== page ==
A square. A phrase most Cornell student’s parents don’t even use anymore. But that’s Andre Wilkins for you. It’s a personality that even he can’t even explain where it came from.
“I spent a lot of time in church, and I would have to say it was something spiritual that kept me out of trouble,” he said. “I had a gut feeling to follow my instincts, and a lot of times when I did that, things would happen where it was like, ‘good thing you did stay home that day or good thing you didn’t go outside.’”
And that’s the other thing about Wilkins, his religion.
“The moment I gave myself to God it was like I had 20 tons that I was carrying by myself,” Wilkins says in the video titled Jane and Finch Story. “Then I gave my life to God, and God took 10. God not even took 10, he took 15 and I’m just walking like this.”
Wilkins, who had had two hands over his head, drops one and holds the other up like a waiter and bounces a few steps.
You can tell a lot about a guy from what other people say about him. No one has anything bad to say about Andre Wilkins.
“There are so many people rooting for him and who are so proud of him,” said assistant coach Nat Graham. “Andre’s such an upbeat, likable kid. I think it’s easy for people to foster good feelings for Andre.”
Graham has played in Canada, coached in Canada and even married a Canadian. He played a large part in recruiting Wilkins to Cornell and is one of many people with good feelings for Andre.
“I went to high school in Miami with a lot of kids with similar backgrounds to Andre,” Graham said, “and I’ve never met a kid from the type of situation he’s from make those type of decisions. I think it’s more remarkable that Andre got to where he is than almost anyone else in the school to a certain extent.”
And it probably is. Head coach Steve Donahue said that the team frequently scouts players from Andre’s area — in fact, Andre’s high school coach, Bob Maydo, has sent 15 players to Division I programs — but rarely do they find one who is up to the rigors of an Ivy education.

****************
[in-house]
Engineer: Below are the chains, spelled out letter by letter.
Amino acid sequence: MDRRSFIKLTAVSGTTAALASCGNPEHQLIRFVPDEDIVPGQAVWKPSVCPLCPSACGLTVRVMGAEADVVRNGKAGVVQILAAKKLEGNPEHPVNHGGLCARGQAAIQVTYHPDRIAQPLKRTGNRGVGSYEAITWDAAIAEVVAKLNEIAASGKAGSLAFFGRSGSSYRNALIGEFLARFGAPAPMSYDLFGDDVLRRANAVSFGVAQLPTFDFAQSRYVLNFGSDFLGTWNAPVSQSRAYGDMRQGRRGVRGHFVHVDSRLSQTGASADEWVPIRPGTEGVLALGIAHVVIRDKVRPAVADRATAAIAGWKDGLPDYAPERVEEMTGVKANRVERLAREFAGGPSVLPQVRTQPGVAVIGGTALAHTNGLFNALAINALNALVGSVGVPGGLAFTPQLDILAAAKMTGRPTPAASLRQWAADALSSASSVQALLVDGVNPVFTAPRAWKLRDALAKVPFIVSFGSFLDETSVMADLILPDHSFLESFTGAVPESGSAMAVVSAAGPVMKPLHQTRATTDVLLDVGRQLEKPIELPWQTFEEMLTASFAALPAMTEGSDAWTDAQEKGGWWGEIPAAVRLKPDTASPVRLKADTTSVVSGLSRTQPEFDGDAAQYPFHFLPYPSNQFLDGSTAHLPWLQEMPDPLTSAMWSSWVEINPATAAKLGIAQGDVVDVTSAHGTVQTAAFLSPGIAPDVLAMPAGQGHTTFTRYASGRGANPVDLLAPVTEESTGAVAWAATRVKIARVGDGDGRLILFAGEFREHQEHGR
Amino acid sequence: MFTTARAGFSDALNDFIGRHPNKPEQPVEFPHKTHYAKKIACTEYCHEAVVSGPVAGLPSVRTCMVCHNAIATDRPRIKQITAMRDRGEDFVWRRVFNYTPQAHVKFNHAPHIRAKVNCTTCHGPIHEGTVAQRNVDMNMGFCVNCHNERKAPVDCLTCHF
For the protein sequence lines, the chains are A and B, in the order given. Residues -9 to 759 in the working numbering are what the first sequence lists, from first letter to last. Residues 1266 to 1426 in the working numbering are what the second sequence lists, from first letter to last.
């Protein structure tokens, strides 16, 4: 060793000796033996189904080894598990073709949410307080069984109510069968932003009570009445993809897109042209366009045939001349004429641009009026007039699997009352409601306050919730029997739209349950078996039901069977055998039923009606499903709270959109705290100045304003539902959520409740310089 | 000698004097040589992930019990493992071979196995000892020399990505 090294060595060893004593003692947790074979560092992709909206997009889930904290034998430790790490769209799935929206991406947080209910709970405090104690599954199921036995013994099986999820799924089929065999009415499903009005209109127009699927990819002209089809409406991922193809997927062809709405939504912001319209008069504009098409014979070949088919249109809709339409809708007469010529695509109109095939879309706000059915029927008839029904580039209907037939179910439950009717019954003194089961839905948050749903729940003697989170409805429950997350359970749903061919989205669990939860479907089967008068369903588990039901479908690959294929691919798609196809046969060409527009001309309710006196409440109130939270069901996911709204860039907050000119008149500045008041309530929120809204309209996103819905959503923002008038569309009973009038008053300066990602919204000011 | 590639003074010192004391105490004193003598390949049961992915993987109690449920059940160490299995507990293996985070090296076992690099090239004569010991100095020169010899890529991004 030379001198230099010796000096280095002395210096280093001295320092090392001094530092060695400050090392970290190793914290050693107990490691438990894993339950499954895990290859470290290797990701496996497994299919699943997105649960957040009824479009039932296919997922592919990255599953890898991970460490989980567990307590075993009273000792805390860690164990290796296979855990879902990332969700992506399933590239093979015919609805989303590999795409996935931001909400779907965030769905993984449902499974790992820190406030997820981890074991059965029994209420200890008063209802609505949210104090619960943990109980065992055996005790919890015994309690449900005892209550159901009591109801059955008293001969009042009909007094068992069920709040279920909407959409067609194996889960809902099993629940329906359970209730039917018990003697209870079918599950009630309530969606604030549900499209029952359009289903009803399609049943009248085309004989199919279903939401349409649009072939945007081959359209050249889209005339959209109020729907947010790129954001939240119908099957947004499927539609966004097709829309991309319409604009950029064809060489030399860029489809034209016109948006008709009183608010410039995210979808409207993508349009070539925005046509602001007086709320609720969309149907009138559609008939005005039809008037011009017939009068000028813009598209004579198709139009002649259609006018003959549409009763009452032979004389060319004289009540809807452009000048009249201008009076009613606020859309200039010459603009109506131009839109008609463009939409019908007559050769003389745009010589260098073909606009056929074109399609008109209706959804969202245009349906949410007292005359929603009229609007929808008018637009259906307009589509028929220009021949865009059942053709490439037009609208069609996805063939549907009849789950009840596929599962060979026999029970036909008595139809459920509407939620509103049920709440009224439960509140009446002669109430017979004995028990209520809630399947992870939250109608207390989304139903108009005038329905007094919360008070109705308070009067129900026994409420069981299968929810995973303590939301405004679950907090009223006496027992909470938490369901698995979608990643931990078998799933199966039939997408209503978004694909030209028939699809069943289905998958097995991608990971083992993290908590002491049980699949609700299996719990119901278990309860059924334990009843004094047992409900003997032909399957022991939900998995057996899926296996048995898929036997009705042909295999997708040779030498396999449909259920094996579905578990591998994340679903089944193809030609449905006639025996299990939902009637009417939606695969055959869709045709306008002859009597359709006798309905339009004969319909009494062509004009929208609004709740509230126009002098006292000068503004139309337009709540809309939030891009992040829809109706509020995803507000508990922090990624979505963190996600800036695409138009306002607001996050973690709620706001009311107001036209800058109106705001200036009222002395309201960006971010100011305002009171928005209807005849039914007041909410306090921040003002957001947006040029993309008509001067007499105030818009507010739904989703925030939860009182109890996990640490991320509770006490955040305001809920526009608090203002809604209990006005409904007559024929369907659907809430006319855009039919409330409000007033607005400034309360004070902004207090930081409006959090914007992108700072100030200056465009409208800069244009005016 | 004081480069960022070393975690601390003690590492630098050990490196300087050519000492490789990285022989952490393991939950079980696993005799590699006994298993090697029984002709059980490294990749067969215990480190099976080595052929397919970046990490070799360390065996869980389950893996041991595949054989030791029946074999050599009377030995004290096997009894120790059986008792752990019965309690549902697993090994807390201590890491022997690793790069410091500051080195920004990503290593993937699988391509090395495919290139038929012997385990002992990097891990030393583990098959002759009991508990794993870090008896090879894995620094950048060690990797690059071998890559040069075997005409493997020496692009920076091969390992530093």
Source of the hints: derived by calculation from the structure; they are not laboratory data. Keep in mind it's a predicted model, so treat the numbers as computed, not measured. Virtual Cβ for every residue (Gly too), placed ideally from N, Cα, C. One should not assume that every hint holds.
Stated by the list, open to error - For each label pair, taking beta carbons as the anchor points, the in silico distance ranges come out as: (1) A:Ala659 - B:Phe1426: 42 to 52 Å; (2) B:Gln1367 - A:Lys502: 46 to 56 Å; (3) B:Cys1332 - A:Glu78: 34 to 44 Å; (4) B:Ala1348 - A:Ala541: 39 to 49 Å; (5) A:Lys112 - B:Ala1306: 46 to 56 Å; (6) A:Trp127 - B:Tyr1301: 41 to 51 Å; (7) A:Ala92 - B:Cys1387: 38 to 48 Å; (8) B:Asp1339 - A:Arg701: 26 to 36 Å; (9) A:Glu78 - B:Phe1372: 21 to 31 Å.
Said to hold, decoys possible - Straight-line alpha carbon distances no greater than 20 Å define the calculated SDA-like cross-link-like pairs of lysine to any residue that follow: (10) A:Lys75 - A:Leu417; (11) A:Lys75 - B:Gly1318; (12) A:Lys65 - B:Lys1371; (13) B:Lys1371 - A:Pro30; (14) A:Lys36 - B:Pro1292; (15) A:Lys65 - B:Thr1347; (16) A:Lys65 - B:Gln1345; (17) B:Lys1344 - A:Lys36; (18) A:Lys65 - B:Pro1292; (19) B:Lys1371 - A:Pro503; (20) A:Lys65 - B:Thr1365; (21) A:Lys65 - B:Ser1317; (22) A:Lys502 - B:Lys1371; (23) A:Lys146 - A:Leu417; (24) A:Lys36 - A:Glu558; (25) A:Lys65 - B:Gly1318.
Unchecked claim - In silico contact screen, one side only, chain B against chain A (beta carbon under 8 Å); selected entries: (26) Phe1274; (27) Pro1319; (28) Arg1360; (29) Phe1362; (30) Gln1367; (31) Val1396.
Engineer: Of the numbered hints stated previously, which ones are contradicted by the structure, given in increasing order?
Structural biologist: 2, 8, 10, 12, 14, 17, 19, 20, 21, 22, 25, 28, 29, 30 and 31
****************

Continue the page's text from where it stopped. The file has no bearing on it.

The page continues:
“From that area, you don’t always expect a great student,” Donahue said. “There’s kids that don’t have any chances by the time they’re 14 or 15 to stay in school or even be successful at that level.”
But Wilkins was successful at that level, and at every level. Maydo, Wilkins’ high school coach at Emery Collegiate in Toronto, has made a 30-year career out of coaching underprivileged youths in the Toronto area. Still, he knew Wilkins was a special kid.
“Not to be touched by what’s around you, you have to be sort of a special person and he’s always had his goals in mind,” Maydo said after making the drive to Cornell for the Red’s first game of the season. “He was able to stay focused and not be tainted. He set himself apart from a lot of the kids that come out of the Jane-Finch area.”
And finally, beyond his performance at Cornell, you can tell a lot about a guy from what he wants to do with his life.
“I either want to be a teacher or get into some type of social work or community planning,” Wilkins said. “I just want to help other people that have been through my situation. More, I want to go home and give back to the community that helped me.” In typical Wilkins fashion, he pauses, searching for the right combination of words. “I want to be a visible example of what hard work can do for those in the neighborhood so they don’t follow the path of many other people. I want to break the cycle.”